While net income per cow and net income per hundredweight of milk produced are good measures of profitability, they don’t go far enough to truly compare the overall financial performance of an operation.
For example, these measures do not tell us whether a farm is profitable because it is efficient in utilizing assets, or if it is because it doesn't have any debt. In order to determine if a dairy’s profitability is the result of good management and high efficiency, you have to look deeper.
Consider this example. Two farms are identical in terms of cow numbers, assets, labor cost, and all other production factors. Each farm’s balance sheet and income statement data are shown at right.
Of the two farms, Farm A has a net income per cow of $320, while Farm B earns $220 per cow. On the surface, it appears that Farm A is more successful. However, if we perform a DuPont Analysis of performance and compute the various financial ratios that account for the differences in the equity positions of the farms being compared, we will find the real answer.
Turnover ratio is a measure of productivity. It reflects the total income per investment in assets. The higher turnover ratio for Farm B in Table 2 indicates that it generated more income than Farm A from the same investment in assets.
Profit margin measures efficiency. It shows the percentage of total income that is returned to assets. Table 2 shows Farm B captures a greater percentage of sales as returns to assets than Farm A. Assuming both farms receive the same milk price, Farm B’s higher profit margin means that its average cost of producing milk is lower than Farm A’s.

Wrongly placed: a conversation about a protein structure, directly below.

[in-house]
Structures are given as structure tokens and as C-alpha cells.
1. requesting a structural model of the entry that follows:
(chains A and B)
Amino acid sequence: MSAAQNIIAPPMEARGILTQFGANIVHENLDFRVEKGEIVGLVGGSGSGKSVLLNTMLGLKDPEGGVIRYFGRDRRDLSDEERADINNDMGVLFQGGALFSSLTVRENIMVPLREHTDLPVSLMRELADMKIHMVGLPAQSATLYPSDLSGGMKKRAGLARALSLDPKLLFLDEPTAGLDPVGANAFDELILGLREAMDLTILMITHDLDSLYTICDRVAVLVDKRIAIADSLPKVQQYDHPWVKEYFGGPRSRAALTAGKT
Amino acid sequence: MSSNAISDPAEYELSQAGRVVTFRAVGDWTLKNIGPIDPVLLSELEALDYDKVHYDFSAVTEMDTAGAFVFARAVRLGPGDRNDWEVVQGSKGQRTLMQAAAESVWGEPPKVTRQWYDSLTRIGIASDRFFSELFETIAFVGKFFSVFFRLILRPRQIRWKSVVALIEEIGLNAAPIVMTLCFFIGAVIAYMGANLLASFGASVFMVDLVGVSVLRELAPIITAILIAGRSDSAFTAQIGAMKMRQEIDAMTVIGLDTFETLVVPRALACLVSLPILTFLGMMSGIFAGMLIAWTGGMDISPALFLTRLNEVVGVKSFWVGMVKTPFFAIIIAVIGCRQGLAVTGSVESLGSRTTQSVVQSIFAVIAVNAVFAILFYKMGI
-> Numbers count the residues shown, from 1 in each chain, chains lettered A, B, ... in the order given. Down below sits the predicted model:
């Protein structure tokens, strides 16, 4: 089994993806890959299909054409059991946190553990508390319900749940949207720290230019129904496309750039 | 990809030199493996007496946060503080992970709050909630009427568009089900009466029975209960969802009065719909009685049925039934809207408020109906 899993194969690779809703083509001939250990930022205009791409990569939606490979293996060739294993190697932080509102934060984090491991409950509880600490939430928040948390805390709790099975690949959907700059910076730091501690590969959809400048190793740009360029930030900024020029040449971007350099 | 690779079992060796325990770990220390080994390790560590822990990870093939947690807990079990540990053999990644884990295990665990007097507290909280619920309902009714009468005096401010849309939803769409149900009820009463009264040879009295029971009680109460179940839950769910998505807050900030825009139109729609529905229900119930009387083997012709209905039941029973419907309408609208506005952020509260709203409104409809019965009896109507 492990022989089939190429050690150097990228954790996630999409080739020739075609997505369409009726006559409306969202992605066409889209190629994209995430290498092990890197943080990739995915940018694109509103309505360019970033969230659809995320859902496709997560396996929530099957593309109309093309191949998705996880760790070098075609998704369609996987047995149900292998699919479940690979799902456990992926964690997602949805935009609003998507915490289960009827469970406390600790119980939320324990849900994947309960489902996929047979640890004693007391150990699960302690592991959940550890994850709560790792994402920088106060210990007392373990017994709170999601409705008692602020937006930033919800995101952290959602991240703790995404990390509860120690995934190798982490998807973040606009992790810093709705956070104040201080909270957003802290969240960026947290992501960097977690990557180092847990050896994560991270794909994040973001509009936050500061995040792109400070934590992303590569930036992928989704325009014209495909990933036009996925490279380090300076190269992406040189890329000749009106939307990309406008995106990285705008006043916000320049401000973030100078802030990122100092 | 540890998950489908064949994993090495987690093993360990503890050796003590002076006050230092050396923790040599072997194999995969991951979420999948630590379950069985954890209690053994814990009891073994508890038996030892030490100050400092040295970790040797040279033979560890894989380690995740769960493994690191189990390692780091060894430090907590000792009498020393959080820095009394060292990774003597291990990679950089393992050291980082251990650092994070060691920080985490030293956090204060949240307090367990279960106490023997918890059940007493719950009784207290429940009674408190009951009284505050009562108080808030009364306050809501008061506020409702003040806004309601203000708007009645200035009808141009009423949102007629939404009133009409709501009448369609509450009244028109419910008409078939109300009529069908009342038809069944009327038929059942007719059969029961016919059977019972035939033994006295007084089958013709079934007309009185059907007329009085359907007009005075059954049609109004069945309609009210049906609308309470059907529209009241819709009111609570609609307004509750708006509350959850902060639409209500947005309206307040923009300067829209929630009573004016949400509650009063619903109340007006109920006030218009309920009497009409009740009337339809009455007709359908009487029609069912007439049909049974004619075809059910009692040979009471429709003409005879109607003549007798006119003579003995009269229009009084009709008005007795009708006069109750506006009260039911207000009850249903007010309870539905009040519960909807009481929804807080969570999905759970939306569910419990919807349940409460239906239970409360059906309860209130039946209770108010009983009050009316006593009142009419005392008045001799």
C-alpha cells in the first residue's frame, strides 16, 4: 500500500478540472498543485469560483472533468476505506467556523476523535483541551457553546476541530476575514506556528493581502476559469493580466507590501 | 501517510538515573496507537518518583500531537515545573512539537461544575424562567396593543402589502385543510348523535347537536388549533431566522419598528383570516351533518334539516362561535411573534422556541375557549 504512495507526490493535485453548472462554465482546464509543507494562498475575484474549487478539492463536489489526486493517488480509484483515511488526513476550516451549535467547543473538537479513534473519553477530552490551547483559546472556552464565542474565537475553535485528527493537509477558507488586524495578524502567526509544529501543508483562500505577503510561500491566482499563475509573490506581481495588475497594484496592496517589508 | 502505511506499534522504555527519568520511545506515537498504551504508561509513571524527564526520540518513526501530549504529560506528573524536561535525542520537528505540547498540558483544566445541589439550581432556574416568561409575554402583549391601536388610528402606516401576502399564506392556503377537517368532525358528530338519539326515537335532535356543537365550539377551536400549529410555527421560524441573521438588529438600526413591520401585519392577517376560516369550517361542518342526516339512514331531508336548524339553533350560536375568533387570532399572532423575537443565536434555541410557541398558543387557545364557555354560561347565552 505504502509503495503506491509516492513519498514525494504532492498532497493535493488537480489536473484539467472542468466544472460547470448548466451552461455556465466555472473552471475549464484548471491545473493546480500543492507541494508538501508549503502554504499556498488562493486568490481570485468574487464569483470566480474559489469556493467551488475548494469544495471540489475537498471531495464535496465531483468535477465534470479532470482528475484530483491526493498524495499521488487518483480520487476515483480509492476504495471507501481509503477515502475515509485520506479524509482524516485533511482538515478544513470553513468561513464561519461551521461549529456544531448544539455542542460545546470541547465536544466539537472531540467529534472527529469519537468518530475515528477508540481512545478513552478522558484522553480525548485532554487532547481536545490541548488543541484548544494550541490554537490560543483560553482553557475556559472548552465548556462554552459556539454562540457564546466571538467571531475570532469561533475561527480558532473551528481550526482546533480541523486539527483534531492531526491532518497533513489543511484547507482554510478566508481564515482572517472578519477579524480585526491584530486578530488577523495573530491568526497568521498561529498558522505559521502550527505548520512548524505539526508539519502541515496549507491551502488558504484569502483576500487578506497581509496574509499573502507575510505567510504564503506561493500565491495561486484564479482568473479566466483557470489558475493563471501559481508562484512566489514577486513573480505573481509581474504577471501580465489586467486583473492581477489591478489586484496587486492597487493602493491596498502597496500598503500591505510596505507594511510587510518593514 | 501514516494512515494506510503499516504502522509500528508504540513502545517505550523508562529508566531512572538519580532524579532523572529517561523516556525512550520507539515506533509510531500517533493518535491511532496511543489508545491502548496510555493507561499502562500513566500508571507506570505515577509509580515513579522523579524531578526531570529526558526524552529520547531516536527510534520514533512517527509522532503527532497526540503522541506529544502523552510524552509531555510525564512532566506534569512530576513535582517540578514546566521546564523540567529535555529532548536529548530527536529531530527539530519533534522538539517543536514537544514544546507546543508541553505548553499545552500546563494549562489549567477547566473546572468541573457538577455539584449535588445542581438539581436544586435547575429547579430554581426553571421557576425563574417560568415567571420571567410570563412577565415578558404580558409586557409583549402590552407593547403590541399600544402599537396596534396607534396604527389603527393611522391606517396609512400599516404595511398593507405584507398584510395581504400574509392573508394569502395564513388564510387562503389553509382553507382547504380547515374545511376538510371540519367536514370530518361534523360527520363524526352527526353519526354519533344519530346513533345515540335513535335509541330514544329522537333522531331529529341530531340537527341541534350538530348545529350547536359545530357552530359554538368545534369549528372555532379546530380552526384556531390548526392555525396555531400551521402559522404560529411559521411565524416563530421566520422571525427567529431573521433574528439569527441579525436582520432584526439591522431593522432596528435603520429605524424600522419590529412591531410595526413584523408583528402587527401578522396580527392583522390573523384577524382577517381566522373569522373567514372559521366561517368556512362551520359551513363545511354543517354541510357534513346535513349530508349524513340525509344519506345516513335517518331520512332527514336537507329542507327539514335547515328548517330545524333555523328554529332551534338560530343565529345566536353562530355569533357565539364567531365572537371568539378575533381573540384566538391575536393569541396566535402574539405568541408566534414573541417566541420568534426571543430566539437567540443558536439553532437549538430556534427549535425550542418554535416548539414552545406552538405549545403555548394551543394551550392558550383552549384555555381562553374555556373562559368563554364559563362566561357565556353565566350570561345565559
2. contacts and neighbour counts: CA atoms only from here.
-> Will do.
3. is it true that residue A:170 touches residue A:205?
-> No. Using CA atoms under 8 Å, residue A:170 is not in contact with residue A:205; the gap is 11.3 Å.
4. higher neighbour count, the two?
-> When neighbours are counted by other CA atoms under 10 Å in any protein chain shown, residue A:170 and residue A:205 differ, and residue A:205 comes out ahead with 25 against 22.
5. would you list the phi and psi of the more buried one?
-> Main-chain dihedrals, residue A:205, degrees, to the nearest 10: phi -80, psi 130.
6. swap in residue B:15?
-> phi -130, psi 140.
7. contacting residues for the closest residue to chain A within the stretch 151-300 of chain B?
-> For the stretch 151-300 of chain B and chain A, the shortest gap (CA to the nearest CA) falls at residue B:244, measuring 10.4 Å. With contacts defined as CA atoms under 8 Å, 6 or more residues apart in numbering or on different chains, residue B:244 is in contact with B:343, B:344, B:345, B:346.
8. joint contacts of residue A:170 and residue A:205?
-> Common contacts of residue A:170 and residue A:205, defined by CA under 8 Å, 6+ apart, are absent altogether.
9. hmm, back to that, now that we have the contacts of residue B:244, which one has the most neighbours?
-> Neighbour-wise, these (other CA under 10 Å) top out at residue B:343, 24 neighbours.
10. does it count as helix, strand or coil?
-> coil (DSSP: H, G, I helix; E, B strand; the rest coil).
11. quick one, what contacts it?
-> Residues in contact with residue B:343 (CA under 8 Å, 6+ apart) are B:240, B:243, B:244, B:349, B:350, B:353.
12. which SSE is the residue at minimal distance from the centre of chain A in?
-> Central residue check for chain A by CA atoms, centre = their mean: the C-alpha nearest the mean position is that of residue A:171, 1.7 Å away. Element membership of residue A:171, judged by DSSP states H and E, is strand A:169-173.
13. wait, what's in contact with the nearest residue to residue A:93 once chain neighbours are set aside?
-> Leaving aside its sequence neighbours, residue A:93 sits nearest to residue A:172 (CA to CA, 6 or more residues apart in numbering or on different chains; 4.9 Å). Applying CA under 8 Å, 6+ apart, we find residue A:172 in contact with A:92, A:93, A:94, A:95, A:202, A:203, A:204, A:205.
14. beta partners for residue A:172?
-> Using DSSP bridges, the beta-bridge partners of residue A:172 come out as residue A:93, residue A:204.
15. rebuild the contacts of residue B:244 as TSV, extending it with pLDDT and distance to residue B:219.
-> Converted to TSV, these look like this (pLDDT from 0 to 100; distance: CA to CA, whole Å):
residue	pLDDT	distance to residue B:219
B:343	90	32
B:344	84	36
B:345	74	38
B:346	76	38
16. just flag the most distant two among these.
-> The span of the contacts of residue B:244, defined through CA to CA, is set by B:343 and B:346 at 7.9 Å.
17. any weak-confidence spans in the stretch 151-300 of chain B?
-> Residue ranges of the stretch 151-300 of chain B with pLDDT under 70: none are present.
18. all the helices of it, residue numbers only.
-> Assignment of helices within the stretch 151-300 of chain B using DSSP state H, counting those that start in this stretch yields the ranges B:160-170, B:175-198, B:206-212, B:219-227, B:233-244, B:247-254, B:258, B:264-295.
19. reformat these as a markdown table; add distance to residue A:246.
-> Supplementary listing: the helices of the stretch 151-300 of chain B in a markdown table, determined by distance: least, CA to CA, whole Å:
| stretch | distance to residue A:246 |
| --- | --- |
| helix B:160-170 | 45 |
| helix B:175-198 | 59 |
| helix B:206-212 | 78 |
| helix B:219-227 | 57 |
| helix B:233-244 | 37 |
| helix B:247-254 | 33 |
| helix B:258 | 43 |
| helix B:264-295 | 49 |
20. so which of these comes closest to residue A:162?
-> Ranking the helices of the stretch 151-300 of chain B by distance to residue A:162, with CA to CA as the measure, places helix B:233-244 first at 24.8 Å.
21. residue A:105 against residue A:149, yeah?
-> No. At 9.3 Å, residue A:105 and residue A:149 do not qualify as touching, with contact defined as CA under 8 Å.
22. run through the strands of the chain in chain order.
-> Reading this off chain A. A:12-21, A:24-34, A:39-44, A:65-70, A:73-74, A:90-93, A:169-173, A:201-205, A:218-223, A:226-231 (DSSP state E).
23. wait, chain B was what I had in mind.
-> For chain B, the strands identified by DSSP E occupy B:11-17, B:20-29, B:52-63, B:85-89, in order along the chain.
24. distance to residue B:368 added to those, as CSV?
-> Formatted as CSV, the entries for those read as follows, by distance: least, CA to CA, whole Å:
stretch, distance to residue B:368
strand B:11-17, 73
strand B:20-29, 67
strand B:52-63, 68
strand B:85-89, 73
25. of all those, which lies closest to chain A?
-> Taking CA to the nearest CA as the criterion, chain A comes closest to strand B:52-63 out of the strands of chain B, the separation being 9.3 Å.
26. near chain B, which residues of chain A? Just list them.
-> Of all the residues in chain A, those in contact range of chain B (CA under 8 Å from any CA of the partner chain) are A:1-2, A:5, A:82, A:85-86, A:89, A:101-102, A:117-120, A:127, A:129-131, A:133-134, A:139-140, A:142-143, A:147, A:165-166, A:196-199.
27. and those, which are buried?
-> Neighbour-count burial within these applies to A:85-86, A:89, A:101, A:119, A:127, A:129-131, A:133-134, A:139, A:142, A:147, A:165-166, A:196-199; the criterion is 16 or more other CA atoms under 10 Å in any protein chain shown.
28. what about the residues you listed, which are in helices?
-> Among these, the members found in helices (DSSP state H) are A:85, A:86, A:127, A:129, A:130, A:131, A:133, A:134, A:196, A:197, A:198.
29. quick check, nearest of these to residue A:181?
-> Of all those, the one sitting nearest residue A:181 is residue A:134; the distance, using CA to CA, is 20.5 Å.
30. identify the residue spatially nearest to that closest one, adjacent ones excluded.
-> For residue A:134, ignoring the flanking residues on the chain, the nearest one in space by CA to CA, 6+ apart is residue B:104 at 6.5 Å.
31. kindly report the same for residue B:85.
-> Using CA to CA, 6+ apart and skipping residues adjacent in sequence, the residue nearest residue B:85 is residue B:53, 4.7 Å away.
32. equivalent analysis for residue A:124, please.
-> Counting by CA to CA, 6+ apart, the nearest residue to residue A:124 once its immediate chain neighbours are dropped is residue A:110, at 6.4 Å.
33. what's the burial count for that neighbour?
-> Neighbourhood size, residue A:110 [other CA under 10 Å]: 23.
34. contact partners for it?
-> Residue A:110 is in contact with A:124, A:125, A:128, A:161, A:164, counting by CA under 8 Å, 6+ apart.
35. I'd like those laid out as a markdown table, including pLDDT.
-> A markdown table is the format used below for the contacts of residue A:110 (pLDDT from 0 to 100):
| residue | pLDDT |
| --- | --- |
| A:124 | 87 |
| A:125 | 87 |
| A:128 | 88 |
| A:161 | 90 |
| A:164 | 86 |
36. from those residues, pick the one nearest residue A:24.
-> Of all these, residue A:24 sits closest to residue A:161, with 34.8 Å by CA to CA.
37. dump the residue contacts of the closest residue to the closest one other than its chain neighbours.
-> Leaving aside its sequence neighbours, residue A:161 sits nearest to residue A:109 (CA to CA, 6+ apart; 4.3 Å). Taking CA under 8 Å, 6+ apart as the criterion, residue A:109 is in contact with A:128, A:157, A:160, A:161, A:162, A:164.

Return on assets measures the rate of return on farm assets. Given Farm B’s greater production and higher efficiency, we know that the owner does a better job of utilizing assets, managing production, and controlling costs. The result is a higher return on assets — 9 percent for Farm B vs. 8 percent for Farm A.
Return on equity measures the level of return for each $1 of owner equity invested. The higher the value of this ratio, the better as it means greater profits. Once again, Farm B leads the way with an ROE of 11 percent vs. 8 percent for Farm A.
Together, these four ratios provide a meaningful measure of a dairy farm’s success in managing assets and generating returns with a given stock of equity capital. It’s time to make them the standard for comparison in the dairy industry. To get an accurate measure of financial performance, we must move beyond net income per cow.
Bruce Jones is the director of the Center for Dairy Profitability at the University of Wisconsin.